Fabrics and how they work
Primaloft came about in the early 1980s when the US defence department approached Primaloft’s older parent company to look into developing a fabric alternative to down. They wanted a fabric with all the insulate and packability qualities of down but more importantly it needed to retain heat in damp conditions, something that traditionally down struggles with. The first fabric they created was known as Primaloft one.
How it works
In this article I am mainly referencing the series of Primaloft fabric’s that Montane use which are Gold and Silver ECO. They all follow a similar structure in that the fabric is made up of ultrafine polyester micro-fibers, formed in what’s called a staple of about 2” long. The staples are intertwined together in such a way that they create air-trapping pockets in the fabric while still keeping a very compressible structure and because it is a synthetic fiber it is water resistant.
The benefits to using Primaloft in garments are numerous. For me the stand outs are the really great warmth to weight benefit, the packabilty and the fact that it still performs when damp is a really big plus points. I like to compare it to the good old fleece jacket, which we have all had over the years. My Montane Prism jacket (Primaloft eco fabric) weighs 418 grams, which is a weight saving of about 30% on a normal traditional fleece and the pack size is about half and likely be warmer as well.
Montane's use of Primaloft
Montane have been at the forefront of using Primaloft in their synthetic range and currently use it in about 10 different jacket and pant options, as well as gloves and headwear. The jacket I previously mentioned, the Prism, has to be one the most versatile pieces and has won numerous accolades over the years. Going forward they are developing a new range a base layers using one of Primoloft’s new fabric combination’s which mixes Primaloft yarn with a merino wool blend, Primino, which will make a great feeling non stinky fabric next to the skin but more importantly will make for a faster drying fabric one of pure merinos drawbacks.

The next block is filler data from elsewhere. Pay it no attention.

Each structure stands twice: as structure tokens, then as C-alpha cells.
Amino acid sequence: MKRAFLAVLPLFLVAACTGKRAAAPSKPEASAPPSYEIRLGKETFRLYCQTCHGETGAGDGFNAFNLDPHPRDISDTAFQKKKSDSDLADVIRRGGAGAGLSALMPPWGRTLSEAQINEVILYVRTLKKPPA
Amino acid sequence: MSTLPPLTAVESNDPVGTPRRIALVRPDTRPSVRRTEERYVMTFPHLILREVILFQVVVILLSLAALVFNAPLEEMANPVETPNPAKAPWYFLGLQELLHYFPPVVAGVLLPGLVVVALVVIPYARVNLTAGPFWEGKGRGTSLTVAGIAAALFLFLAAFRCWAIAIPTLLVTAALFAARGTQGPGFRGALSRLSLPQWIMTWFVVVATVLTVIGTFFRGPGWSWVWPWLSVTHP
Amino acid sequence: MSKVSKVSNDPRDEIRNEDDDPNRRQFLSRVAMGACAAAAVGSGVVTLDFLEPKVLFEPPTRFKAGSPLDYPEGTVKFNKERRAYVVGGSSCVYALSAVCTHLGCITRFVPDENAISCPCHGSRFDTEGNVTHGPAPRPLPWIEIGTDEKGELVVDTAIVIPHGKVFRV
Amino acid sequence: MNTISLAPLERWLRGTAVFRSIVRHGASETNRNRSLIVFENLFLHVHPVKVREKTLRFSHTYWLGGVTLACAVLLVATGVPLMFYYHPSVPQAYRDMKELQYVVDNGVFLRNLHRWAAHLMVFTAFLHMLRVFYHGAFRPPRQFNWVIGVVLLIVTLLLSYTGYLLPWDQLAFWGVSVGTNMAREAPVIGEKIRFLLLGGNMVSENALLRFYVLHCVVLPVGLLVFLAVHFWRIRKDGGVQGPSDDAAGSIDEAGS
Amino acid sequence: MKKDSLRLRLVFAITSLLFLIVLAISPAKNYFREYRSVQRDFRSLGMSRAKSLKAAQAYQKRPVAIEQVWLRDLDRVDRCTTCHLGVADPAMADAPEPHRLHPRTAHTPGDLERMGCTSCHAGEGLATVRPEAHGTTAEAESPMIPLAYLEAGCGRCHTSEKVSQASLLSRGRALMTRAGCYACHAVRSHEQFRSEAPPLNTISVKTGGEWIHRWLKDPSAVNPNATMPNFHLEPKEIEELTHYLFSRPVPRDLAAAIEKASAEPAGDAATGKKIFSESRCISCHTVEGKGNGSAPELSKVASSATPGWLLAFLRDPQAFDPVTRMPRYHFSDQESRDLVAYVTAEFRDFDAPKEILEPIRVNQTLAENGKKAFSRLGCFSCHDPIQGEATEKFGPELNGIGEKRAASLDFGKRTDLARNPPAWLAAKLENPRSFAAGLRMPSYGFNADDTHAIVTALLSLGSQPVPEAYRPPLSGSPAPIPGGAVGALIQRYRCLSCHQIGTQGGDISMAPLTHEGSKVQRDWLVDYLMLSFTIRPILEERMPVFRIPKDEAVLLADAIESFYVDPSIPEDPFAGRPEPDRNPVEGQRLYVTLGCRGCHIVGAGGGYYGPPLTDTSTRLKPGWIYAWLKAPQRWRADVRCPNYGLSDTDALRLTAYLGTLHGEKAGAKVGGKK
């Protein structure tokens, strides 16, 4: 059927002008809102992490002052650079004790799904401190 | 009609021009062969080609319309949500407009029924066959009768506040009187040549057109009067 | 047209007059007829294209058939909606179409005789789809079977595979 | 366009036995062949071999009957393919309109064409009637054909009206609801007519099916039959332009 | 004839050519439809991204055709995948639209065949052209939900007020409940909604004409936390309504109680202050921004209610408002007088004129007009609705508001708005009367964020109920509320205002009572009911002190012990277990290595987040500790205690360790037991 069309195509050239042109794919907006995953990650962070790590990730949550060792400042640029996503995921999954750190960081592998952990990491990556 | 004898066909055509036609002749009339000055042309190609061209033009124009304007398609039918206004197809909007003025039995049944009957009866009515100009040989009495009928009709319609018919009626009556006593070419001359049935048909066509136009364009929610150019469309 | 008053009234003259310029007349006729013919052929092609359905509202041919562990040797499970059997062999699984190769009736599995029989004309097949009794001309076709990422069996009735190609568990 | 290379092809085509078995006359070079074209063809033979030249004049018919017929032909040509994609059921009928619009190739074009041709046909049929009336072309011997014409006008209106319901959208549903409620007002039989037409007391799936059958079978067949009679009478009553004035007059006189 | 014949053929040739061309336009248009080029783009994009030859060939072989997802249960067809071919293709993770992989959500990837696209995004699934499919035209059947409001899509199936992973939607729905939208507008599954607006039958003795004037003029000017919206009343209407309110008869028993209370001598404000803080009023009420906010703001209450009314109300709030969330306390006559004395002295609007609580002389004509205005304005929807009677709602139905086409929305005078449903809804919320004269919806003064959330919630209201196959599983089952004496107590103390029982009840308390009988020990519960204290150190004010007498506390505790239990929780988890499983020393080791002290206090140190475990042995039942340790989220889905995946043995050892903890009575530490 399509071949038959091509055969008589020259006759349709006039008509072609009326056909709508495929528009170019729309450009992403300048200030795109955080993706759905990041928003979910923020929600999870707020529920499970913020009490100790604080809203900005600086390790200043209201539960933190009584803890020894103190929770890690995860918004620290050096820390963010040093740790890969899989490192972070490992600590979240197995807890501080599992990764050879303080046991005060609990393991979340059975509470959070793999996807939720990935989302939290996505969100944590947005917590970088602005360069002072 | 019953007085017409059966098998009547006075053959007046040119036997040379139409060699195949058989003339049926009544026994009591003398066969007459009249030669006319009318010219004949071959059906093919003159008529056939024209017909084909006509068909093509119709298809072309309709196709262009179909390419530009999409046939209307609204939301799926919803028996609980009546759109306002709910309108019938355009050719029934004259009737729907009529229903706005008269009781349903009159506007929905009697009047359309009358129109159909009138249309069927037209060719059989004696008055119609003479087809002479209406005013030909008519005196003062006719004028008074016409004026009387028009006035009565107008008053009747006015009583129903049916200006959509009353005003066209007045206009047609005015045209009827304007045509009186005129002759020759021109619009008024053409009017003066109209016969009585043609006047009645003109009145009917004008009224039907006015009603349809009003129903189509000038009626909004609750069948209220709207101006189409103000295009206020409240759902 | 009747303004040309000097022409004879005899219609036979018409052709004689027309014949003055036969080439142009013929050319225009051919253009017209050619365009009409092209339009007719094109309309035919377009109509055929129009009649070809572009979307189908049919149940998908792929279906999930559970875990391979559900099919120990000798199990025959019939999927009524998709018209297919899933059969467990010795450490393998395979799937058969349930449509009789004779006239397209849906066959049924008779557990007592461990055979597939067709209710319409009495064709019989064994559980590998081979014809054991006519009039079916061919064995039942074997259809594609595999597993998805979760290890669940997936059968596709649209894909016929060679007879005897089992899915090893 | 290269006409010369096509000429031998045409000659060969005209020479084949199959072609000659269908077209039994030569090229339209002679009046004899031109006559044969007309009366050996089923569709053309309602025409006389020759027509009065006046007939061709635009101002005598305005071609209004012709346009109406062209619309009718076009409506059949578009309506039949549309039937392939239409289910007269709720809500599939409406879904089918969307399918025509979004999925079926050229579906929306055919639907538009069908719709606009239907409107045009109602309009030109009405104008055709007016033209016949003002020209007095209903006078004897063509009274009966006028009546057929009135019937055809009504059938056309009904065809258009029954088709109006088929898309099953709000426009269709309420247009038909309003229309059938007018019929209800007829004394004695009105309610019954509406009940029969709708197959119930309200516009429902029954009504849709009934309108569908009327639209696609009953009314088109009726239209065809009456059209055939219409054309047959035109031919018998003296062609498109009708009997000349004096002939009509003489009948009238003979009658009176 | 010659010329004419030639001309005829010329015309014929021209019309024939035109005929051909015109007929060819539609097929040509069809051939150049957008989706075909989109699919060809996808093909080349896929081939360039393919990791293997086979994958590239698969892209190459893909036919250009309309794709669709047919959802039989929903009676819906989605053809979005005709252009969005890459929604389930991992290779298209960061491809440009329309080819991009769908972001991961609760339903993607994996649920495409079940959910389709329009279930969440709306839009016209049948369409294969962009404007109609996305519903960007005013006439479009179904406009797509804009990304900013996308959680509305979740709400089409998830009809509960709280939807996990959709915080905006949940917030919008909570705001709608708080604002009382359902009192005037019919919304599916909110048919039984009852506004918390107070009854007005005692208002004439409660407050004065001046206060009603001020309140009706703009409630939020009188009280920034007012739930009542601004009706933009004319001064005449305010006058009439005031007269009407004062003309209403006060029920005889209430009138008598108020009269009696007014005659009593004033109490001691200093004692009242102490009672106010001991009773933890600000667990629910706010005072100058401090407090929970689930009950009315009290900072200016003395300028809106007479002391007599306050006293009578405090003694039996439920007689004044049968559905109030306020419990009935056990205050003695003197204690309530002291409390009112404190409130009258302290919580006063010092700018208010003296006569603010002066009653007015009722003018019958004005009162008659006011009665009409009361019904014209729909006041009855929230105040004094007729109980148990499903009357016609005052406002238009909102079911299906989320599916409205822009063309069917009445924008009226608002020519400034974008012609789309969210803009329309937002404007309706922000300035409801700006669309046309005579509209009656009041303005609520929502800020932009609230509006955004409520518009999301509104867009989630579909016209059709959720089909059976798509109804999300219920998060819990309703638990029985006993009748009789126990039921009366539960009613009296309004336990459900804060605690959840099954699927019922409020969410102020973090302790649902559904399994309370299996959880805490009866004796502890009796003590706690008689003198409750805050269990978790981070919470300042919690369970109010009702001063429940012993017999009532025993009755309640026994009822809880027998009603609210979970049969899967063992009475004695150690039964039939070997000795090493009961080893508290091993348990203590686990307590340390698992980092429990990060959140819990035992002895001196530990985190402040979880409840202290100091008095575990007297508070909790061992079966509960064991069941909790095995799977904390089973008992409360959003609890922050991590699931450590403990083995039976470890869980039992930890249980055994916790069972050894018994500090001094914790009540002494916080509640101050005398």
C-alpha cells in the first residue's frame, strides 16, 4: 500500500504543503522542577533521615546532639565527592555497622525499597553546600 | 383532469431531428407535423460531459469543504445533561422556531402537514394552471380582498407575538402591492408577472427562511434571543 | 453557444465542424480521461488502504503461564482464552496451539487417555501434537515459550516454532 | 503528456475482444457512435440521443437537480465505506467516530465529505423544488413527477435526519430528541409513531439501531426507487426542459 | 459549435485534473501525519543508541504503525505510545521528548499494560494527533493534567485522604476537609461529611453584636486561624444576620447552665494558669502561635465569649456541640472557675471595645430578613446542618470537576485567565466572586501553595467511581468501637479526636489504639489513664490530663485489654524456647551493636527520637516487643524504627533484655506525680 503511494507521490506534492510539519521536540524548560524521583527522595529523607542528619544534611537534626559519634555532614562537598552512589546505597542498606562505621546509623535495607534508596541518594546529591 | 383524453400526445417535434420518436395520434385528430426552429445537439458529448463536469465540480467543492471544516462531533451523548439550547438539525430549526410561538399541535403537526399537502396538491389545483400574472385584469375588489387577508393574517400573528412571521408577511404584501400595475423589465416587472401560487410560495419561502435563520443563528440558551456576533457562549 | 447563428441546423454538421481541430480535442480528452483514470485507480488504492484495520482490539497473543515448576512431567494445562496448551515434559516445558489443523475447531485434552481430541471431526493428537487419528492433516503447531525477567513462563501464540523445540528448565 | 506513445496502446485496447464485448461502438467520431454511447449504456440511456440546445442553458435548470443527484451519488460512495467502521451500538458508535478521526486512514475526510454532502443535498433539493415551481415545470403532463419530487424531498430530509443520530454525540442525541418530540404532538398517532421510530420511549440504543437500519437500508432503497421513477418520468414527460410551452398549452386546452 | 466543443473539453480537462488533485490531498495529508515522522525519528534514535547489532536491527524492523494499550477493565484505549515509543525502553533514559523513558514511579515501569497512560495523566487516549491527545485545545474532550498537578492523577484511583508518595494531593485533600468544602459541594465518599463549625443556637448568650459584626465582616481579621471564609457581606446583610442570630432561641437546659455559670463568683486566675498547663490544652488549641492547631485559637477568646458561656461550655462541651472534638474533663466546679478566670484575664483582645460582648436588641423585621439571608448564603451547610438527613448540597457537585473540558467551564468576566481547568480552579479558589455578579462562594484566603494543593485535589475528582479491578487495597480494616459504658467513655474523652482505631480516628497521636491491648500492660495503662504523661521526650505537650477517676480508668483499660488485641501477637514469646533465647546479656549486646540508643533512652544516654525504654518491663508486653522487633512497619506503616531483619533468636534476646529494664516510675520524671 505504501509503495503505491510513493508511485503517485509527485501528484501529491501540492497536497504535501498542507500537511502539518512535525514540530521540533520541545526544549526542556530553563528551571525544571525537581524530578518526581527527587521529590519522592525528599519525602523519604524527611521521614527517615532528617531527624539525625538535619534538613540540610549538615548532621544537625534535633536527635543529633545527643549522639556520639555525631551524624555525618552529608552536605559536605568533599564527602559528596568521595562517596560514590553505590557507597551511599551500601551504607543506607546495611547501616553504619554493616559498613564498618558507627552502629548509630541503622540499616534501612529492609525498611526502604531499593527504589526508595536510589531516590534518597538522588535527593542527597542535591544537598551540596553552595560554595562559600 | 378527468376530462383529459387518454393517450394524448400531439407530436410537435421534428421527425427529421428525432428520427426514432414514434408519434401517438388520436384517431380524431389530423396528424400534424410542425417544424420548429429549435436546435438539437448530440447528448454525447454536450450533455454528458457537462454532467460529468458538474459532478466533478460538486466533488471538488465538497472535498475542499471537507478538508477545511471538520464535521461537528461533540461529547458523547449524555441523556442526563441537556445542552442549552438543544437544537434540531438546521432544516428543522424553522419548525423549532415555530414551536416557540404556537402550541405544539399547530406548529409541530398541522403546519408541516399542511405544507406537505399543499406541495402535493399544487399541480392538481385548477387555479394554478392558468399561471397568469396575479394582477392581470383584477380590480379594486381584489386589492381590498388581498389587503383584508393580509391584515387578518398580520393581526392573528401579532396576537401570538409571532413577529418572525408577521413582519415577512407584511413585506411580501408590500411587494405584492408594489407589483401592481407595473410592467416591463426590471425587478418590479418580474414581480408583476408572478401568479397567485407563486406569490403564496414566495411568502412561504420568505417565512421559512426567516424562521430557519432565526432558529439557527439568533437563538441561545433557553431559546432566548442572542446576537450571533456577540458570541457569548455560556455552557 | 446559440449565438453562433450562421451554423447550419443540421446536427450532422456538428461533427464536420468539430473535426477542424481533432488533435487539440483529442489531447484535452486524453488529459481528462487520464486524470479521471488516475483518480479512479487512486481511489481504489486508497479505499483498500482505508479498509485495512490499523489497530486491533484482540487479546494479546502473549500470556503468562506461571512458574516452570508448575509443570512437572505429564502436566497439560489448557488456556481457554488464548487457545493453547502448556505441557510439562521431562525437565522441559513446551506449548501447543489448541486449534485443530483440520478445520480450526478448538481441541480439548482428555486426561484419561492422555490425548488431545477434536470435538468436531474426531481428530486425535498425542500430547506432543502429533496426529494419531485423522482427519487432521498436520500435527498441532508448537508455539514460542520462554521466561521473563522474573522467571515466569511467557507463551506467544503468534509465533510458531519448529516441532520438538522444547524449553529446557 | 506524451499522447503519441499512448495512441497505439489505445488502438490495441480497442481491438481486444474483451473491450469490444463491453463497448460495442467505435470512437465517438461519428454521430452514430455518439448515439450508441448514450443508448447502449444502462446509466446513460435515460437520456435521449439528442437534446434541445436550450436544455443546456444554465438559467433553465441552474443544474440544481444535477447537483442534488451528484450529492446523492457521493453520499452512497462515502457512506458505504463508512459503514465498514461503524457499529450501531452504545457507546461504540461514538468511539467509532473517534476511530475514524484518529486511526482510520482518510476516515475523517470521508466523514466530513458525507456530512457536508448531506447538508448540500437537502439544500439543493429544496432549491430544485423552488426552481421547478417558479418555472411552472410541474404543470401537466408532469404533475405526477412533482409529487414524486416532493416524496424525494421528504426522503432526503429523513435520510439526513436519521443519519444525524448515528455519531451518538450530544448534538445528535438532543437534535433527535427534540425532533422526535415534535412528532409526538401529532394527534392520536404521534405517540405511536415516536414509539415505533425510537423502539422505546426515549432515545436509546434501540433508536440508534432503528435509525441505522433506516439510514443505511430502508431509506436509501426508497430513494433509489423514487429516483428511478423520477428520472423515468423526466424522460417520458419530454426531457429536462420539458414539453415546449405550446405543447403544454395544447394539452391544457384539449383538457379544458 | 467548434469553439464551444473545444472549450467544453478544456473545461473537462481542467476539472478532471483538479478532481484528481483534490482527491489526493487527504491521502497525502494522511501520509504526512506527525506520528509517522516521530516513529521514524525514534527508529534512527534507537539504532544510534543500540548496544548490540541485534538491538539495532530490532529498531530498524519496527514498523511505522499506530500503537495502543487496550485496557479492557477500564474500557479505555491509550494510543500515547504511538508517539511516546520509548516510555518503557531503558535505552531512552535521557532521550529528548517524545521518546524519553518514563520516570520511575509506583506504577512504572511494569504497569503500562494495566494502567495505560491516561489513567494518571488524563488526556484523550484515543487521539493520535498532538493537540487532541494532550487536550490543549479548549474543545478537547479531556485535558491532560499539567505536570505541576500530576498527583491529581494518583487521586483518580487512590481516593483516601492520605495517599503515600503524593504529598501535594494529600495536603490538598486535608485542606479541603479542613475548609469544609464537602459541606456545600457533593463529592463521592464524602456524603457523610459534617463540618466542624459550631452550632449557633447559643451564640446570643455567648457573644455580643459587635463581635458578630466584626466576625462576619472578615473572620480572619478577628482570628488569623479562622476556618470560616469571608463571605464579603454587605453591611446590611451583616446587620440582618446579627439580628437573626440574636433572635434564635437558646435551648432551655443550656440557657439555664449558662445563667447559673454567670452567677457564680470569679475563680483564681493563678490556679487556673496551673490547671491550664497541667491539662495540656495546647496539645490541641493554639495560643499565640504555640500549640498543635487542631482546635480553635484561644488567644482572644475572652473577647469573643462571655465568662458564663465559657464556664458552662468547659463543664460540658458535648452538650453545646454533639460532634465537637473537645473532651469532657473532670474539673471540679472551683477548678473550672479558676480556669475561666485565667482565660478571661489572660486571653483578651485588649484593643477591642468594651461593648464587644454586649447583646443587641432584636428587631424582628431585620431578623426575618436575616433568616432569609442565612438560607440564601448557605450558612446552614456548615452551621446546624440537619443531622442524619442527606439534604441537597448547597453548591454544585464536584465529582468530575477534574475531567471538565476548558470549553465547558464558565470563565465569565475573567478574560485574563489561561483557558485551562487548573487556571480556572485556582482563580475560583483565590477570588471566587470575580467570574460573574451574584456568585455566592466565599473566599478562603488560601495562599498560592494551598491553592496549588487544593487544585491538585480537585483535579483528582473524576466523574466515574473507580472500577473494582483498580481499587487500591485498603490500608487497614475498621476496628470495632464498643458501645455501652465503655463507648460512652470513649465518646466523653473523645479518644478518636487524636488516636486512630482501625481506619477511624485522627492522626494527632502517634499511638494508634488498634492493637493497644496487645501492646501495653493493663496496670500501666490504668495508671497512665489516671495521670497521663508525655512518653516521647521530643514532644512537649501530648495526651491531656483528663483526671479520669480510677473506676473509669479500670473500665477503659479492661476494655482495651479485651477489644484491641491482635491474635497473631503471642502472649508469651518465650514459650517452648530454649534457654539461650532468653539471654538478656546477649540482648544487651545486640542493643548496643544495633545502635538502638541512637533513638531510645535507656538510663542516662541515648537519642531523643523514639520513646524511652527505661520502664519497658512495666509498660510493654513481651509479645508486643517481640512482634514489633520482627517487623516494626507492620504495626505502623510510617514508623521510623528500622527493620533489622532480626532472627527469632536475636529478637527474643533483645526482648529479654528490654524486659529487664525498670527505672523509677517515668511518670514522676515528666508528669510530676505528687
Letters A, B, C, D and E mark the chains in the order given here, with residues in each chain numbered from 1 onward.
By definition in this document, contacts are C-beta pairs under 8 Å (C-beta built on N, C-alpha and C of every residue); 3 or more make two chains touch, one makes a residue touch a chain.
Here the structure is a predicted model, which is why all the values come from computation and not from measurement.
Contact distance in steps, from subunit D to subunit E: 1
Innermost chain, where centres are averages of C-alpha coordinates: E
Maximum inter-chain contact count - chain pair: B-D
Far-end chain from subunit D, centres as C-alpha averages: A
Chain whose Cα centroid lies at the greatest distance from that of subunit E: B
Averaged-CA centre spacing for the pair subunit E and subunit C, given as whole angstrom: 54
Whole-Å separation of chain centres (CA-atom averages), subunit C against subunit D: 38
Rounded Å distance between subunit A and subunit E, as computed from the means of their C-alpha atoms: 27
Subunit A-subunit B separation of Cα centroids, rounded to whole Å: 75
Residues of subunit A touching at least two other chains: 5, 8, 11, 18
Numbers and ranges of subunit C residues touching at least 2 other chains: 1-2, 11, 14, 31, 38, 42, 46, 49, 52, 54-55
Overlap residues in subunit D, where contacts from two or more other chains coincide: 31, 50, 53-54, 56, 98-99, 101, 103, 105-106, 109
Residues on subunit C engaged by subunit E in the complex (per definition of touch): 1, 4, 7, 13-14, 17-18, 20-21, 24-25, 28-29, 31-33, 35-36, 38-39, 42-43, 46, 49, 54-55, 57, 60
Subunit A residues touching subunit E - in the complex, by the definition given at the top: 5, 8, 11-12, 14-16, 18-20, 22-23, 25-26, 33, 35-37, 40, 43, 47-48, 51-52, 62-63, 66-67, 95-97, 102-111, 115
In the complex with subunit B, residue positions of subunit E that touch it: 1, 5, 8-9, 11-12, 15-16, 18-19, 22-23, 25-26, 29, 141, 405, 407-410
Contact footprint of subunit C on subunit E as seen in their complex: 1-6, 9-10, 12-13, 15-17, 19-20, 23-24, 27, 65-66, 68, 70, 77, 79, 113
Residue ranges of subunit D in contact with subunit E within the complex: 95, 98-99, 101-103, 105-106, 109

If you venture outdoors where you are in cold and damp conditions take a look at Primoloft garments, they are in my opinion, the best option for those conditions .
Here is a Primaloft training video from a trade-show going over the points I touched on, plus more.
A note about the author
Martin Walker has been working in the outdoor industry for over 25 years and over that time has amassed an enviable knowledge of all things outdoor. He is also the owner of Furtherfaster. It is fair to say he may be a bit biased towards the brands he sells but that's fine they're great brands. He uses Primaloft a lot; it can be cold in New Zealand.